We recently held our Autumn term seminar, ‘Women in Industry’ featuring three women from diverse industries and backgrounds who shared their experiences and insights with our volunteers.
The purpose of the event was to inspire and motivate our female tutors, discuss some of the existing barriers for women in the workplace, and provide insights on how to overcome these barriers to success.
Our speakers included: Jan Way MBE, a seasoned social worker and specialist in adoption work who works as a research and training consultant at the Centre for Adoption; Joanna Bracey, a qualified accountant with management consulting and project management experience in a range of different industries including Tech and Energy; and Dr. Rupal Shah, a general practitioner and Associate Dean in the Health Education England Professional Development Team, where she teaches topics such as person centred care, health inequalities and bias.
During the event, we discussed how gender inequality in the workplace is still seen in many different forms including: unequal pay, barriers to promotion, pregnancy discrimination, and preferential treatment towards males (Stamarksi et al, 2015). Research also shows that women from ethnic minority groups are statistically more likely to experience lower pay and higher unemployment rates (GOV.UK, 2022).
Despite these distinct inequalities, multiple studies show that more gender balanced leadership creates organisations that are more financially successful, diverse, collaborative and with higher staff retention (Driver Consulting, 2022; McKinsey & Co, 2022; Entrepreneur, 2021; Real Leaders, 2016).
So, if we know that gender balanced leadership creates greater success for organisations, this leads us to question: why are these barriers still in place? More importantly, what can we, as women, do about this in our careers to ensure that we achieve success? What are some of the tools and practices that we can adopt?
Here are some of the key insights that were discussed during the event:
Pick a profession that you are passionate about; this ensures that you will remain dedicated and stay mentally stimulated throughout your career. This passion will give you a reason to keep going and continue progressing and reaching new levels in your profession.
Don’t be afraid to speak your mind when you notice that things aren’t working the way that they should be or when something doesn’t sit well with you! Oftentimes, you can become the change that you want to see through challenging existing structures, hierarchies and processes within an organisation or field.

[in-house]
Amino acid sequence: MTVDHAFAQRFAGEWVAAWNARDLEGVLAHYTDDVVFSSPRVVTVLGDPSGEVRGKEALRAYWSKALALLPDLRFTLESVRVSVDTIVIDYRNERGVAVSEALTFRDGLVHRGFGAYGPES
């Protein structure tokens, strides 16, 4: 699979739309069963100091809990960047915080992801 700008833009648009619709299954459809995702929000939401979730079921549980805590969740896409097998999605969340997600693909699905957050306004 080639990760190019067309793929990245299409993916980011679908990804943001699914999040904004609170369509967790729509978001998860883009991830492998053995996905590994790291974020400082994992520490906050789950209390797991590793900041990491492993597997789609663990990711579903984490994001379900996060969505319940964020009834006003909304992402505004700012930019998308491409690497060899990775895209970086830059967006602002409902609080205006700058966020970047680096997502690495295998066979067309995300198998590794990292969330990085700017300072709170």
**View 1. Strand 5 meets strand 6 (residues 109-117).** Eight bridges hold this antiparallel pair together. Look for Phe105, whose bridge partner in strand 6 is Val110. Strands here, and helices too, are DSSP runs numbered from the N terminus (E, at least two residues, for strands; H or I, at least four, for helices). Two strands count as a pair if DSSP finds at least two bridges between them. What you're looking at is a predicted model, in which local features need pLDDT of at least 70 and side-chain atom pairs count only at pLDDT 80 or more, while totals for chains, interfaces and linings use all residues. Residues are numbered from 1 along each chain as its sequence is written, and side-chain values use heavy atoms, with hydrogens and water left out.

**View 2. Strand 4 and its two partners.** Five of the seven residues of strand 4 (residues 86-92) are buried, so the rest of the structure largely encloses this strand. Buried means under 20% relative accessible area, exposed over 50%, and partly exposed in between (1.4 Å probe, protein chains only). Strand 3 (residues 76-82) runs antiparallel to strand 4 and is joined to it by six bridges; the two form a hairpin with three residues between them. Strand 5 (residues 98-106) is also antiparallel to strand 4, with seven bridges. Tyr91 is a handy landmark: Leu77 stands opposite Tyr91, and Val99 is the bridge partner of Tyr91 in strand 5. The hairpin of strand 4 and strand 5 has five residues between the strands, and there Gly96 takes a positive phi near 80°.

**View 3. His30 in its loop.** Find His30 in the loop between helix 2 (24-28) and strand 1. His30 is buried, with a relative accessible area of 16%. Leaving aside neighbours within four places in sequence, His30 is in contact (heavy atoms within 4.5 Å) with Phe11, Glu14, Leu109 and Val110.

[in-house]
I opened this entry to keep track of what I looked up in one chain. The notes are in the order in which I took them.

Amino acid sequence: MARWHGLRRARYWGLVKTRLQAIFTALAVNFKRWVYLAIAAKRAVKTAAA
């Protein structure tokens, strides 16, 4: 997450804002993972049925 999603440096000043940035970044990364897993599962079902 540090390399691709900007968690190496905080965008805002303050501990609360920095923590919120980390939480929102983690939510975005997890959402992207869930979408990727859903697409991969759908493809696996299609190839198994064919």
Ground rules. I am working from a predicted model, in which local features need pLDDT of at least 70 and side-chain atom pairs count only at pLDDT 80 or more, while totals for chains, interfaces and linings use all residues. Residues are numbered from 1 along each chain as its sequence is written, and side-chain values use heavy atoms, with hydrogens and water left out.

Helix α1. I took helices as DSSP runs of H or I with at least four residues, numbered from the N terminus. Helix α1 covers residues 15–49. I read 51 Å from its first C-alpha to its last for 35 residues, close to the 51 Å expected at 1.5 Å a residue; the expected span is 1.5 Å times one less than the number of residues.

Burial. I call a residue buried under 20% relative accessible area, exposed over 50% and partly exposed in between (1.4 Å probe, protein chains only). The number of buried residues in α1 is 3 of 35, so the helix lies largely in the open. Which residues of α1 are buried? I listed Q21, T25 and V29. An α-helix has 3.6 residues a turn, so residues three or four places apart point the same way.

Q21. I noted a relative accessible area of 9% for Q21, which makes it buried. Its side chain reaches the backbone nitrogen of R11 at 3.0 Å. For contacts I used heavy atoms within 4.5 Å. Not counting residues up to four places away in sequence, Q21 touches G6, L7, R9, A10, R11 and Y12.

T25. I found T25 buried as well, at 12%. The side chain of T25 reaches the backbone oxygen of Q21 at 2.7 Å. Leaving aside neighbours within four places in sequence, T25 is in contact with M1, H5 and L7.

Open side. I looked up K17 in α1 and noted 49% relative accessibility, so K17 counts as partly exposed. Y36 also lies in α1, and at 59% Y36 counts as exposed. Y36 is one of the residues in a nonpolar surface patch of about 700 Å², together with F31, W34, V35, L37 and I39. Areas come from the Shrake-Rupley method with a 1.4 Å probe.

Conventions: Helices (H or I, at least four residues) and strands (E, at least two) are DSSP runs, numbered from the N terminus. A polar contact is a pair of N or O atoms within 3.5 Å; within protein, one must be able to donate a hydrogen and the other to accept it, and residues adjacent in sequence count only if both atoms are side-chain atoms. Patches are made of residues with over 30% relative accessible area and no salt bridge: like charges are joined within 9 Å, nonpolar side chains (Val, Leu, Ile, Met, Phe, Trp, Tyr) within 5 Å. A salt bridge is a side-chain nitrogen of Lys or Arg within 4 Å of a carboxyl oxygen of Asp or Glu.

When trying to progress within your career, look at the people above you and question what skills they have that you do not, and pinpoint actions that you can take to develop or enhance these skills.
Never stop learning! Each step in your career comes with a learning curve, there is no shame in owning that. Instead of worrying about what a prospective employer may think, be candid about the skills that you possess and ask them what kind of support and training they have in place to help you further develop. Interview them to ensure that they are the right organisation for you!
If work life balance is important to you, seek a boss who strives for this or become a boss who models this for your team. Protect your well-being by ensuring that you carve out time for physical exercise, mindfulness and rest.
Equally…..if work life balance is NOT a priority for you, that’s valid too! One of our speakers shared that this is not a top priority for her as she feels she has a strong support system at home that enables her to put her career first and loves her work so it doesn’t negatively impact her.
The world is constantly changing and evolving, be aware of the wider changes in your field or industry and adapt when needed. Diversify your skills to keep up to date!
Don’t worry too much about what other people think, concentrate on being the very best that you can be. Stay true to yourself throughout your career.
Each of our speakers brought unique perspectives and were truly candid in what their career journey’s have entailed so far and what they have learned along the way. It is evident that there is still so much to be done to achieve gender equality in the workplace, but there are steps that we can take to ensure greater opportunities for success to invoke positive and necessary change.